Yes, I said it. Dale Carnegie is wrong about the whole public speaking thing. Hey, I’m as big a fan of good ol’ DC as anyone, but it’s a different world out there in the post information age, where attention is held at a premium.
The Rules Have Changed
Tell them what you’re going to tell them.
Tell them what you’ve told them.
While the “3 Rules” used to be effective, it’s become a formula for how to be as boring as the next mediocre speaker. The reason is simply because it has become the de facto presentation formula that so many people use.
With that being said, unless most of the meetings and presentations you have to sit through are riveting talks, my point has been proven.
So Now What?!
Here’s my proposed “New Rules of Persuasive Presentations”:
–Shatter their expectations
–Tell them why they’ll leave better off
–Move them from ‘What Is’ to ‘What Could Be’ and back
–Bring it full circle
Shatter their expectations
When we sit down in a board room meeting, we have certain expectations. Perhaps we expect the meeting to start with a guy in a tie greeting the group and passing out an agenda… If it does start that way, we tend to go into a bit of a trance, as we feel like we know what’s coming and therefore are free to space out a bit.
Instead, do something totally unexpected, like making an odd observation that is completely unrelated to the matters at hand, reciting a funny quote from a movie, or even getting your audience to partake in breathing or stretching exercises.
By doing this, it causes our audience to wonder what will come next, since it goes against the expectations. So rather than assume that they already know what’s coming next, because they’ve sat through this same presentation before, they’ll now have to pay attention to see what happens next.
Tell them why they’ll leave better off
As you dive into the actual presentation, rather than telling them what you’re going to say, tell them why they should listen – tell them the benefit that they will receive by virtue of what you’re about to deliver. This allows you to control the context and importance of your message, rather than letting them make assumptions or draw conclusions about your topic.
Along these lines, if you’re using slides, they should not attempt to tell the whole story. The slides should only act as props in the story. The advantage here is that while props may raise curiosity, which forces them to listen, they’re not the main focus. The main focus is you and what you have to say.
Move them from ‘What Is’ to ‘What Could Be’ and back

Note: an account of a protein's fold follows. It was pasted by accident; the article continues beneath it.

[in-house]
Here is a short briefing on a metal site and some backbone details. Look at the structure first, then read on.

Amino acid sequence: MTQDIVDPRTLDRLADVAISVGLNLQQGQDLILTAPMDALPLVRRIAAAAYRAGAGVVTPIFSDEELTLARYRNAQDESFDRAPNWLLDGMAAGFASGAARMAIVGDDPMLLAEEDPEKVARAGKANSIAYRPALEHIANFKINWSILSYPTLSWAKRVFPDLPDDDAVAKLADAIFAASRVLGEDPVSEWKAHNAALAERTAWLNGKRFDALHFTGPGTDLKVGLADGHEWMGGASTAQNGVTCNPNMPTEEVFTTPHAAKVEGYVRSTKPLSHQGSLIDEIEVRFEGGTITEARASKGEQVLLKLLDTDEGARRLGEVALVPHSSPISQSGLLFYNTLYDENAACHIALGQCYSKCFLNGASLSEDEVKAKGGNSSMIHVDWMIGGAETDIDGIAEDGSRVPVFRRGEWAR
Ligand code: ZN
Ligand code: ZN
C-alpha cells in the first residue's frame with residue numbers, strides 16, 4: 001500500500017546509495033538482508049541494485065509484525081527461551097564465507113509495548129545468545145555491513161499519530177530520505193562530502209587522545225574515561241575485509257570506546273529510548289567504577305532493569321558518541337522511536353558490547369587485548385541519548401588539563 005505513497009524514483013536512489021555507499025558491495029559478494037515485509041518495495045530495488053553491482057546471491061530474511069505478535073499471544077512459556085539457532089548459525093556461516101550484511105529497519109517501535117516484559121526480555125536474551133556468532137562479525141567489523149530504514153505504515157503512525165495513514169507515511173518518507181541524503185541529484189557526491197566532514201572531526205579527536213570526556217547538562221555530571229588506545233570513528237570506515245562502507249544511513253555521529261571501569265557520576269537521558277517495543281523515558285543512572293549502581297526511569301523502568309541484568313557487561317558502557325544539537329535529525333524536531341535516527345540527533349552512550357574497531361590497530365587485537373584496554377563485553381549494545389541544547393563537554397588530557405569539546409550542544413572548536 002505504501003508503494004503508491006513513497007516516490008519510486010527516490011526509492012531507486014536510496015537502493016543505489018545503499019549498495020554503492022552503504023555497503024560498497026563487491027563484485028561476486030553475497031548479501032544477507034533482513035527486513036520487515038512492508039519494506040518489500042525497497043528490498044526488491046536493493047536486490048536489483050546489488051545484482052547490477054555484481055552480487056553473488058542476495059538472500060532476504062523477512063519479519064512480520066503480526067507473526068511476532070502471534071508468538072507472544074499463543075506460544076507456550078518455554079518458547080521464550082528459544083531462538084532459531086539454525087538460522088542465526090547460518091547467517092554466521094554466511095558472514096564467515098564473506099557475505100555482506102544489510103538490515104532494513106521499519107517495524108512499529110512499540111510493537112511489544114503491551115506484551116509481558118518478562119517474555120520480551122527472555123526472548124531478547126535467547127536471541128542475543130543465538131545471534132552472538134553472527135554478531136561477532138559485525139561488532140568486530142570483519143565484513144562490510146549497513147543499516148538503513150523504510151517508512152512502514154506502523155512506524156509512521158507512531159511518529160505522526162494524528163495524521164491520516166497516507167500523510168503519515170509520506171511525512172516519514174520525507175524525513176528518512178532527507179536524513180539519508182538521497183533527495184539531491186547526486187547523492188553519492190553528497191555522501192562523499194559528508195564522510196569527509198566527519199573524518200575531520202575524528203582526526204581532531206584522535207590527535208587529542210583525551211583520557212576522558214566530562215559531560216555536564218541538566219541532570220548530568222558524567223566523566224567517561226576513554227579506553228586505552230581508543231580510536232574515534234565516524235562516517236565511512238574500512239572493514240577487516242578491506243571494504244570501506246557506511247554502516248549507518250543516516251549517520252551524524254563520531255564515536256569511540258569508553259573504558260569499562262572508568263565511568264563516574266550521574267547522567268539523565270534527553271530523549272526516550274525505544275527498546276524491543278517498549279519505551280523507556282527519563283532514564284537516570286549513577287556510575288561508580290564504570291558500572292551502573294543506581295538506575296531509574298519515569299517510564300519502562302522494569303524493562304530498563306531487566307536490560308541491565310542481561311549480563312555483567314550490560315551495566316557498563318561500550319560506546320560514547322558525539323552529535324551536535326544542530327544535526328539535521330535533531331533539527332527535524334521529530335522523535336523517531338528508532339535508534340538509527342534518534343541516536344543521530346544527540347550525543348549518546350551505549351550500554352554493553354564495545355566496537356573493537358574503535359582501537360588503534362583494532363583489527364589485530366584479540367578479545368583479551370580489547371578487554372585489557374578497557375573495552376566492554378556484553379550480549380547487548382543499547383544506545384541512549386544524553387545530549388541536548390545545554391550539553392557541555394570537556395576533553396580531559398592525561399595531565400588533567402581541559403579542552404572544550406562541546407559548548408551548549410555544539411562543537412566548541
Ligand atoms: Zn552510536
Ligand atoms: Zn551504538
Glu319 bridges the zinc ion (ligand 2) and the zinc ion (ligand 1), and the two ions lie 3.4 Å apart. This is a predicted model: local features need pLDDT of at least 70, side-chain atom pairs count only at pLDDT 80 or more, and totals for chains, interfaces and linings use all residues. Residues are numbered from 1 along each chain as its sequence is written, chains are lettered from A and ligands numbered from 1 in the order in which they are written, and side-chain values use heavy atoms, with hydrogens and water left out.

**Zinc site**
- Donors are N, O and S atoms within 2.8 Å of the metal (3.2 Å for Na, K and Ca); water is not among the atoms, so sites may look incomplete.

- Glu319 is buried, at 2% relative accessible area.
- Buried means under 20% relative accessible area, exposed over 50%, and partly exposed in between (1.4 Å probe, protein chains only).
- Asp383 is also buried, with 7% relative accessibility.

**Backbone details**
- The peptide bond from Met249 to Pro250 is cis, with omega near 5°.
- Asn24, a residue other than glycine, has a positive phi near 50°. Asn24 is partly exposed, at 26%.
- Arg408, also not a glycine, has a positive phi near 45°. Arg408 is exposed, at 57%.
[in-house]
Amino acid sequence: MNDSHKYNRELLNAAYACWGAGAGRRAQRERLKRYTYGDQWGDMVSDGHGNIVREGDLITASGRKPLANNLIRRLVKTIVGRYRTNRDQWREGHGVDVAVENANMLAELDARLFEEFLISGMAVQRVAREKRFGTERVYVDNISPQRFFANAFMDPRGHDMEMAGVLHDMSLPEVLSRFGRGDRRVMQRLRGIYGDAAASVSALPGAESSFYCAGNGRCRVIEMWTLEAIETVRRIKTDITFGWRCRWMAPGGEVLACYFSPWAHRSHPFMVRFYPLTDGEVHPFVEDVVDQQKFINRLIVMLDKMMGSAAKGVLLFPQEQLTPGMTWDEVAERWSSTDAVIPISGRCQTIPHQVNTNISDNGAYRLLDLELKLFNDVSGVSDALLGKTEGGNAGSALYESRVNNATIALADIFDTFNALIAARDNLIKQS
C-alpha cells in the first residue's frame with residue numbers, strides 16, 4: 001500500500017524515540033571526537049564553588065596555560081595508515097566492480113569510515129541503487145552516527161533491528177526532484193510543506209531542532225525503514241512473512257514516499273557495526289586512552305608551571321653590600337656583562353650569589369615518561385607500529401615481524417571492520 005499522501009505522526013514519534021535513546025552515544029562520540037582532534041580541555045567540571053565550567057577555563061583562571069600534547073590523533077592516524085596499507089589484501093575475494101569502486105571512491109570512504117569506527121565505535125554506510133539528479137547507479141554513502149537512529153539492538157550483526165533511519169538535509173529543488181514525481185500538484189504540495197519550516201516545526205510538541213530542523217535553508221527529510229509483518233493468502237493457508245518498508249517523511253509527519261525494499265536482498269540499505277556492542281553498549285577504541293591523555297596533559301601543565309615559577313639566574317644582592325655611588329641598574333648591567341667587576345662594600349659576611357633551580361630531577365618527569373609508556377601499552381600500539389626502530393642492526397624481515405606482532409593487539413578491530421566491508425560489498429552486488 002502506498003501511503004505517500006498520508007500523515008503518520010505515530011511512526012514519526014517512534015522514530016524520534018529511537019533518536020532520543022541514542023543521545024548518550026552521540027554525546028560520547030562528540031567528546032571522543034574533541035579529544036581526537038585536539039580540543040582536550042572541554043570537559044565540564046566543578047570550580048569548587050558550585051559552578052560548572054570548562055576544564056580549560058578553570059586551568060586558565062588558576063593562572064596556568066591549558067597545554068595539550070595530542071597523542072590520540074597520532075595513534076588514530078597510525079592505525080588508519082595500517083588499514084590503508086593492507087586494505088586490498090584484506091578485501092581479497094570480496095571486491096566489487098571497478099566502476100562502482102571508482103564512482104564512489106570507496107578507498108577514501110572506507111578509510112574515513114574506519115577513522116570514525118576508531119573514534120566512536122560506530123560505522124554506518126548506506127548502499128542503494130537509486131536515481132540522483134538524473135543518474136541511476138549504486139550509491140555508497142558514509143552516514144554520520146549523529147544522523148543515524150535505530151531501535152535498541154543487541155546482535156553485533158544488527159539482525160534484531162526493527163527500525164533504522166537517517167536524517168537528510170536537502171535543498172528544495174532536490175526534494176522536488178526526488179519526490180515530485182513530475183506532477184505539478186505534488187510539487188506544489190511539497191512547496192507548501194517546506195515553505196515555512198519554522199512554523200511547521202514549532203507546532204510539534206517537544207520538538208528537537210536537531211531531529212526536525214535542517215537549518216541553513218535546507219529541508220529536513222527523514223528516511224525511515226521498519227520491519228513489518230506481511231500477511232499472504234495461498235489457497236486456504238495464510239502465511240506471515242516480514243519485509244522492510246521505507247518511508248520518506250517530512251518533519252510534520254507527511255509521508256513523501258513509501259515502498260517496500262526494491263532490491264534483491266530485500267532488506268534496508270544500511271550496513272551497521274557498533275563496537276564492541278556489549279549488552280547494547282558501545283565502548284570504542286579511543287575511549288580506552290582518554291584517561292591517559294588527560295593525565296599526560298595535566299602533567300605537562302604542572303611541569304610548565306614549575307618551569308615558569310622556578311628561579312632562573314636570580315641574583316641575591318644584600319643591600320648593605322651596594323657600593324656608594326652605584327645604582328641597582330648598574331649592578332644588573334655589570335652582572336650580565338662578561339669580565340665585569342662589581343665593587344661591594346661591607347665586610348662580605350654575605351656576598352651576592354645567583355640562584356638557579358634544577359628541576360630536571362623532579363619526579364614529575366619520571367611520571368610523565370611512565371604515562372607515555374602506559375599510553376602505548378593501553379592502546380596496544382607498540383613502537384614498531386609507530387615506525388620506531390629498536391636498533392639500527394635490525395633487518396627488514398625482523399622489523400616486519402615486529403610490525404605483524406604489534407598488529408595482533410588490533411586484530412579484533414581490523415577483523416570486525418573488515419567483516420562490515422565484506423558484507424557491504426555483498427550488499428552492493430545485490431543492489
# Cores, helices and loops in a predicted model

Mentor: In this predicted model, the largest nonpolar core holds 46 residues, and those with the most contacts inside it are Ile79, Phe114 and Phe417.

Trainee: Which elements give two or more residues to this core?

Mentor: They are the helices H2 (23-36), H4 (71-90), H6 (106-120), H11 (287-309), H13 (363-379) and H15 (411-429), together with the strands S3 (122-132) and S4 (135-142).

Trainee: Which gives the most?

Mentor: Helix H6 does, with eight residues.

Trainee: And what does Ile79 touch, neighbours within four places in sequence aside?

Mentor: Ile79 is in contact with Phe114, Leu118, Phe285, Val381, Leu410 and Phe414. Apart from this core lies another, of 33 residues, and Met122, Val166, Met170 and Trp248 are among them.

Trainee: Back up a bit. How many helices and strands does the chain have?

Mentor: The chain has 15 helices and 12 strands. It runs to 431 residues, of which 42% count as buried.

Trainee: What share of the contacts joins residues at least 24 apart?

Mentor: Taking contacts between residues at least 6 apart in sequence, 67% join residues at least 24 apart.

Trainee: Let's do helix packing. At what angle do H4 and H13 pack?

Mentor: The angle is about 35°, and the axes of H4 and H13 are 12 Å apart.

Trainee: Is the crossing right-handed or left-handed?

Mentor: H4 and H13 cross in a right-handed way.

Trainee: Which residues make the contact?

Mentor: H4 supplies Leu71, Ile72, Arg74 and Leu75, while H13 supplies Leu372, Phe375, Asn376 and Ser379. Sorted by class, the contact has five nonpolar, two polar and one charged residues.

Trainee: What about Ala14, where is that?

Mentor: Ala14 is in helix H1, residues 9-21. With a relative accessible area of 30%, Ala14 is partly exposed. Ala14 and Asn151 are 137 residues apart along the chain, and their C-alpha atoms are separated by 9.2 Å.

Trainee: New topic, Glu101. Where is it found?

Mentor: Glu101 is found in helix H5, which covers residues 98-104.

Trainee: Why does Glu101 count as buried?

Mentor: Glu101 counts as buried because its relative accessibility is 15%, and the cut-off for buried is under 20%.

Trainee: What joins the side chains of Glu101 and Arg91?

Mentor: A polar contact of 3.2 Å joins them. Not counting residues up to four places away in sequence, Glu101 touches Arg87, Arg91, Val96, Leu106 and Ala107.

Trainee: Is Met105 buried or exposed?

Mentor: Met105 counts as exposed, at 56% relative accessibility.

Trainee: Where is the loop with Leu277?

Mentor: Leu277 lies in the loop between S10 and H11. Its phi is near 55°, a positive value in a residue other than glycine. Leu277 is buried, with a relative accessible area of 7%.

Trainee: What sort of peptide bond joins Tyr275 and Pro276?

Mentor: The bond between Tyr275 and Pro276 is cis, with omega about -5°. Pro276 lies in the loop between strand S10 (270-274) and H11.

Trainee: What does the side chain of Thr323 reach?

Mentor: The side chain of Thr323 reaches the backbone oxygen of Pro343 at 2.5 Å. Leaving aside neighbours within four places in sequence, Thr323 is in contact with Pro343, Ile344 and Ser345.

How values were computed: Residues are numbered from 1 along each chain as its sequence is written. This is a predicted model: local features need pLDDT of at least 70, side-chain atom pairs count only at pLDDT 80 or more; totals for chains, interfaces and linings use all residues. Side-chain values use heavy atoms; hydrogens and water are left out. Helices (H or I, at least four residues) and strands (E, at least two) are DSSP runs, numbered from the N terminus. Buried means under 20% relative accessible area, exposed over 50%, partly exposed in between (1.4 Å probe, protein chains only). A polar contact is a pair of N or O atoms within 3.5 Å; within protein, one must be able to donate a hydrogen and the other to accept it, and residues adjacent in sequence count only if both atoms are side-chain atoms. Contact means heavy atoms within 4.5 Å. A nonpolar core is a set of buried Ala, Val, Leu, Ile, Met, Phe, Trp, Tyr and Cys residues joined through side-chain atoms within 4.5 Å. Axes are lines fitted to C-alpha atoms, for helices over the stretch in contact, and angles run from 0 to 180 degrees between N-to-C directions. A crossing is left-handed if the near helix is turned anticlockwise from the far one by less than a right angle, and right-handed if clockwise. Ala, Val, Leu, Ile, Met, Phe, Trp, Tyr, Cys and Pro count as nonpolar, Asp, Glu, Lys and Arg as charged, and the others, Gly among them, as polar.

When you’re presenting, you’re pitching. Whether that’s literally pitching a product or service, pitching an idea or concept, or pitching that the time spent listening to your presentation is worthwhile, you’re still pitching. So this next step is used to move the audience from where they are today, with the challenges that are faced, to where they could be, if they employed whatever tactic, strategy or concept that you are, in fact, pitching.
Where we are now…
Where we could be…
Doing this throughout the presentation can cause a dramatic and moving effect. It causes the audience to consider, if not accept, your concept and visualize its actualization. And if you can get to this point, you’re well on your way.
Bring it full circle
To this point, you’ve gained your audience’s attention, got them interested in the benefits of whatever it is you’re pitching, and you’ve caused them to visualize being better off in the future, recognizing what’s lacking in the present. The last step is to introduce the solution that matches up perfectly to deliver the desired benefits and outcomes.
Throughout the earlier part of the presentation, you should be alluding to your offering, solution or concept, so when introduced, it’s both congruent and apparent that it is the answer. Think of how Steve Jobs would always unveil brilliant new products – it was exactly in this manner as he would get his audience wanting his solution, without them even realizing he had engineered that exact outcome.
It’s important to note that your promise, concept or idea has to deliver, or this all simply becomes hype, rather than a powerful and persuasive pitch. However, if you know you can deliver, pitch hard using this method. It’s a formulaic process that is taken from some of the best out there and will ensure that you invigorate and captivate your audience.
Published October 21, 2013 | By Tony Zayas